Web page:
People think focus means saying yes to the thing you’ve got to focus on. But that’s not what it means at all. It means saying no to the hundred other good ideas that there are. You have to pick carefully. I’m actually as proud of the things we haven’t done as the things I have done. Innovation is saying no to 1,000 things.

— Steve Jobs

Strategy calls for making choices. That means saying “yes” to some things and “no” to others. The latter is the harder of the two.

Leaders often face options that seem equally compelling but are mutually exclusive; choosing one means forgoing the other. Economists talk about the opportunity cost of a decision: the potential value we give up when we choose one option over another. Let’s say you have enough budget to invest in one of two promising projects. The opportunity cost of choosing project A is whatever value project B would’ve generated. If it turns out B’s value would’ve been higher than​ A’s, you made a poor choice.

How do you know?

For one thing, you must understand the range options open to you. Are A and B truly your only alternatives? You must also be clear on what each option entails; after all, you’re being asked to forecast their future performance. The more clearly you understand the options, the more confident you’ll be that you’re making the right choice.

You must also frame the premise of the decision correctly. For example, you must understand your time perspective; option A may have higher returns in the near-term, while option B may perform better in the long-term. You must also understand how each option leverages interdependencies with other elements of the organization, how each supports or hinders broader organizational initiatives, and how each “reads” in the overall competitive landscape.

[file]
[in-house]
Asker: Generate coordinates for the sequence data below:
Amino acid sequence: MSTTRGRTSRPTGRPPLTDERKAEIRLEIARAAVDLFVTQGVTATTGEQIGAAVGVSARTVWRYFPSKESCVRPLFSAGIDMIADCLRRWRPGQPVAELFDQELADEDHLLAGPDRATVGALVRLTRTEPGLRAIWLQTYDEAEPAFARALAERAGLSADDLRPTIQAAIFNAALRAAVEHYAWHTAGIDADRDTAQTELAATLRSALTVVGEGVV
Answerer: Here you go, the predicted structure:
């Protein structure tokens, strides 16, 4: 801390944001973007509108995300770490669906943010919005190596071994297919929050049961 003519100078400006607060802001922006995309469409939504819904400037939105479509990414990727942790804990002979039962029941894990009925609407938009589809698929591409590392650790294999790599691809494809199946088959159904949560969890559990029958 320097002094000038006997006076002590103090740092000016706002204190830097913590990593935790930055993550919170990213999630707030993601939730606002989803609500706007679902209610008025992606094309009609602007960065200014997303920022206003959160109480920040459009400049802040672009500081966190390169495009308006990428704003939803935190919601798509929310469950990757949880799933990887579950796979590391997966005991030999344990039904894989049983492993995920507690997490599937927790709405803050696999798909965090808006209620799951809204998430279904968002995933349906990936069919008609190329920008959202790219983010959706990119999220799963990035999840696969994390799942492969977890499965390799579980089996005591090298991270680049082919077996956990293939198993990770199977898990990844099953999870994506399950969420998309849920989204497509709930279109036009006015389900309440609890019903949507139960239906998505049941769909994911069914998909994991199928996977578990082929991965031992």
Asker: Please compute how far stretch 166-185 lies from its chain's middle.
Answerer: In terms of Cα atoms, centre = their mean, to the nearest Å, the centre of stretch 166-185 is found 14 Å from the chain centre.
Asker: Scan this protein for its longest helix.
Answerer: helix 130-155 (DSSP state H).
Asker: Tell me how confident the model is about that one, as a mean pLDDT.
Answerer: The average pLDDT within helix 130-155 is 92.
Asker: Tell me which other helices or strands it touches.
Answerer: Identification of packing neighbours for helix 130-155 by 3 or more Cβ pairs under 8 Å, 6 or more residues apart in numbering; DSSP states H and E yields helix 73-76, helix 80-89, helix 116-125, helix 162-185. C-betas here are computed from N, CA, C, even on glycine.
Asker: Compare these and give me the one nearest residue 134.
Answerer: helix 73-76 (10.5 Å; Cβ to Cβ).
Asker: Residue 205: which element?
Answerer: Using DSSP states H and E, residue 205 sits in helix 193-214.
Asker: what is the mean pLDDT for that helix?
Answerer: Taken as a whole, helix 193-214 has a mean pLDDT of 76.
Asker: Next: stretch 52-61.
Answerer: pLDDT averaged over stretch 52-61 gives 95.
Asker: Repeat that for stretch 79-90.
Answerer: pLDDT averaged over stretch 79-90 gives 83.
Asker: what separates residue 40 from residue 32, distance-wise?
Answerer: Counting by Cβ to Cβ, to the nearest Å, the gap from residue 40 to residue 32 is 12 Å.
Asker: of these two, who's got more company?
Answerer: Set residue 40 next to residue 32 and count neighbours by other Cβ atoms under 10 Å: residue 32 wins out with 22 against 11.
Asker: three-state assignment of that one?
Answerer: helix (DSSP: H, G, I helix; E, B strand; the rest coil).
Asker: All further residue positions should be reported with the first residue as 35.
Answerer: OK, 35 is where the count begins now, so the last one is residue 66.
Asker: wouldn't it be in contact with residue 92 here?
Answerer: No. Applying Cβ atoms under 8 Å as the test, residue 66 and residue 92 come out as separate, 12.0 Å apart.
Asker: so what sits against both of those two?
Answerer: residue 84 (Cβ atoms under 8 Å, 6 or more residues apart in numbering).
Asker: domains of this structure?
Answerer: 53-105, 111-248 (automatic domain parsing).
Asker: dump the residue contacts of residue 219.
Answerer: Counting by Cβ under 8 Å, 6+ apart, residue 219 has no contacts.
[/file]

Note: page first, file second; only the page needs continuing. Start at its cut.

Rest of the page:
These are not trivial tasks. Leaders are very busy people, and they’re beset with many other interests competing for their attention — not least of which includes advocates for the choices in question. Operating in high-stakes, high-pressure, fast-moving environments can result in leaders delegating decisions to their guts, falling prey to groupthink, or over-reliance on the most compelling/loudest advocates. While these MOs may occasionally pay off, they’re gambles.

Designers can be key partners in the strategic decision-making process. For one thing, designers are experts at understanding context: translating research data into coherent pictures of the parts of the world leaders care about and — more importantly — extracting actionable insights from those pictures. For another, designers also make possibilities tangible, giving leaders the ability to run validating tests against their riskiest assumptions. While nothing can predict future performance with absolute certainty, prototypes can help obviate alternatives that may be more compelling in spreadsheets than in real-world conditions.

You can only be proud of the things you haven’t done if you’re certain that you’ve done better things in their stead. Tough choices call for clarity and understanding. Beyond merely helping make products, services, and experiences more useful and delightful, designers can also help you see your context more clearly so you can choose more wisely.